(Recasts; adds comments from news conference)
By Andrea Hopkins and Leah Schnurr
OTTAWA, June 8 (Reuters) - Bank of Canada Governor Stephen Poloz said on Thursday he is comforted by recent signs of economic strength even as the central bank warned that rising consumer debt levels and an unbalanced housing market have raised household vulnerabilities.
Pointing to Canada's two largest housing markets, Toronto and Vancouver, where prices have more than doubled in recent years, Poloz said the longer prices rise unsustainably, the more he becomes concerned about a correction.
In its semi-annual Financial System Review, the central bank laid out heightened concerns about Canada's long housing boom and consumer debt binge, saying that rapid acceleration in home prices combined with record levels of household debt pose a risk to Canada's financial system.
But the bank said Canada's mortgage market is different than the one that existed in the United States prior to the housing crash, and Poloz pointed to signs of economic strength that have finally emerged in Canada's economy.
"At this stage, I'm just comforted by the fact that the economy is showing better dynamics and that does go into this equation of financial risk as a positive. It means that the resilience is rising in the background, even if the vulnerabilities are also rising in the foreground," Poloz told a news conference.
Economists said the upbeat tone on the economy could suggest the bank was inching towards an eventual interest rate increase. The Bank of Canada cut rates twice in 2015 to stimulate the economy amid an oil price slump, but the cheap borrowing costs have helped fuel the housing boom and consumer debt.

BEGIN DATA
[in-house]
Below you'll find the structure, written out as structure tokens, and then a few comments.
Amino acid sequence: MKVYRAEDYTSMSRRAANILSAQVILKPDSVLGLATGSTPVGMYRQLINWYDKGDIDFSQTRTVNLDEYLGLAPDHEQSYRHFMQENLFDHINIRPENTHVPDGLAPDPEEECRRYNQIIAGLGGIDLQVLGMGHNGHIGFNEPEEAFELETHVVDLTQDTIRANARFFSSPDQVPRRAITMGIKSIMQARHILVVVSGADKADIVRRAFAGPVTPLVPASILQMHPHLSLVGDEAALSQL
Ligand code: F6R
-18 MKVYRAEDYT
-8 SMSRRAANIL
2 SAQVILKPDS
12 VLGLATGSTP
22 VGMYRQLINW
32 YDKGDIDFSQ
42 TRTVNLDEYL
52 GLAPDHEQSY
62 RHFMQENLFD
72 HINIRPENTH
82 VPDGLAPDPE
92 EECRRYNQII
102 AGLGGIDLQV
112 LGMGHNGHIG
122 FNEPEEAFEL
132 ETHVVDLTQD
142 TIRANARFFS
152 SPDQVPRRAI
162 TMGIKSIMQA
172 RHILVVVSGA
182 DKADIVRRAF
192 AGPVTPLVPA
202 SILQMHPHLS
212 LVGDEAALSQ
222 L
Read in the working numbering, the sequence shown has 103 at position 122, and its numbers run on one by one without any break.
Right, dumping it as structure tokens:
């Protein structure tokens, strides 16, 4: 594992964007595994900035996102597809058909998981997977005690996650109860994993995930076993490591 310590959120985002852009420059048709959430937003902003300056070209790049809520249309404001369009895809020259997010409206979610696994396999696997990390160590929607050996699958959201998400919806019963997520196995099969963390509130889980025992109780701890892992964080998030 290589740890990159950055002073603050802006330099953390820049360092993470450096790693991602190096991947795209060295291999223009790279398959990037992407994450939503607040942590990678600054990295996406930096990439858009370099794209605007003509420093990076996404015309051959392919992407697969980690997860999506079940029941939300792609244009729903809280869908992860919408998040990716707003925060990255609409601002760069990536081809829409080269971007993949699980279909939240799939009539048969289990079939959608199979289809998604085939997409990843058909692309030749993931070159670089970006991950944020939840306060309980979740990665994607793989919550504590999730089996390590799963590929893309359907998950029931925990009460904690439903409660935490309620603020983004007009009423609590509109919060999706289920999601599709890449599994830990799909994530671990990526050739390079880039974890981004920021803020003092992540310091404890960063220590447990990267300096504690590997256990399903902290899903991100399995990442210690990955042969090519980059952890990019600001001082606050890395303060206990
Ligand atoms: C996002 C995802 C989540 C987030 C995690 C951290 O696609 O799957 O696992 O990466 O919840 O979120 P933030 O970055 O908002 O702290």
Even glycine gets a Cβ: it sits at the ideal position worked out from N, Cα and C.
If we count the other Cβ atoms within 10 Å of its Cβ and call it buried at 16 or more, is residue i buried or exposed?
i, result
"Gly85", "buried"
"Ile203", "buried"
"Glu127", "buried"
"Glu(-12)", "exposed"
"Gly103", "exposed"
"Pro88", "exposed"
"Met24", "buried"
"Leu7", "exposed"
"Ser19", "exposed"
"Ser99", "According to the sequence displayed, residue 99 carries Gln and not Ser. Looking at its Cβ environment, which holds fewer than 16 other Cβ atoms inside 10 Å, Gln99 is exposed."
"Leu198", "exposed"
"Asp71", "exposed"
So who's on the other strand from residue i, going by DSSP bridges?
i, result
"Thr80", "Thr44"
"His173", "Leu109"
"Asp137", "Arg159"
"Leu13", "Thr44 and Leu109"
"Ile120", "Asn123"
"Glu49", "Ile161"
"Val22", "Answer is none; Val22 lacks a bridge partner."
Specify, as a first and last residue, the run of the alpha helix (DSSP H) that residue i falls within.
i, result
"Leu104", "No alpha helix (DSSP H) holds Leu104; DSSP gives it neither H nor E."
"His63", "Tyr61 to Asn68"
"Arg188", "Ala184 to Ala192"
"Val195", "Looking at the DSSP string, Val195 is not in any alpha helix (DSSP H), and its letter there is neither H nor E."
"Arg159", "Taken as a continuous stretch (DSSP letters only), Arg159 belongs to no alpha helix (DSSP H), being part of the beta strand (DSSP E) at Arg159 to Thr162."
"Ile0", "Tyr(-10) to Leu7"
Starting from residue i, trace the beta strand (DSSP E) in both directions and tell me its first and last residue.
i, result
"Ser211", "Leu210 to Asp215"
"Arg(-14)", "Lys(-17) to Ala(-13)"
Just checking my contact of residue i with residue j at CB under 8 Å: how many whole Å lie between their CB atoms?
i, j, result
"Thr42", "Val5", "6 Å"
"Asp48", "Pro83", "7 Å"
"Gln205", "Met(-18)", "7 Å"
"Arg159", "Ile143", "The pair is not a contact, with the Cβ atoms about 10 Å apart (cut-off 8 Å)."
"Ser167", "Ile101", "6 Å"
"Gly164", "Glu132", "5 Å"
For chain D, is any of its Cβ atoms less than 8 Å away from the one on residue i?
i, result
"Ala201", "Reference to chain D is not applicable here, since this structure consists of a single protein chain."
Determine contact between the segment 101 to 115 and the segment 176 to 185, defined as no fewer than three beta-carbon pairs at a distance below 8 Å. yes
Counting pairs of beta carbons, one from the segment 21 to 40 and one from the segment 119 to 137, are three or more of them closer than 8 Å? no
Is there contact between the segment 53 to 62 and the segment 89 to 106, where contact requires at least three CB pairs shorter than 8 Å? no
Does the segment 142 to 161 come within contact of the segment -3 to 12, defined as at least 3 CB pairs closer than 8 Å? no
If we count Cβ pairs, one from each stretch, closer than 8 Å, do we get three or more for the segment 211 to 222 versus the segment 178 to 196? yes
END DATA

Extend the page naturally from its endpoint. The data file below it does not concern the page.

The bank is "accepting the economy is doing a little bit better right now and taking that maybe half a step further" in believing their forecast for economic growth will come to pass, said Benjamin Reitzes, senior economist at BMO Capital Markets.
Still, the bank warned that the share of uninsured mortgages is growing and some are showing riskier characteristics, including longer amortizations and the use of secondary loans and credit as buyers stretch to get into the expensive market.
It also said the greater use of home equity lines of credit could be contributing to vulnerabilities, echoing concerns raised by a consumer agency on Wednesday.
Rapid price gains in Toronto suggest the market has entered a phase in which these "extrapolative expectations" are becoming more pervasive and speculative buying is taking place, the bank said in the report. (Reporting by Andrea Hopkins and Leah Schnurr; editing by Meredith Mazzilli and Diane Craft)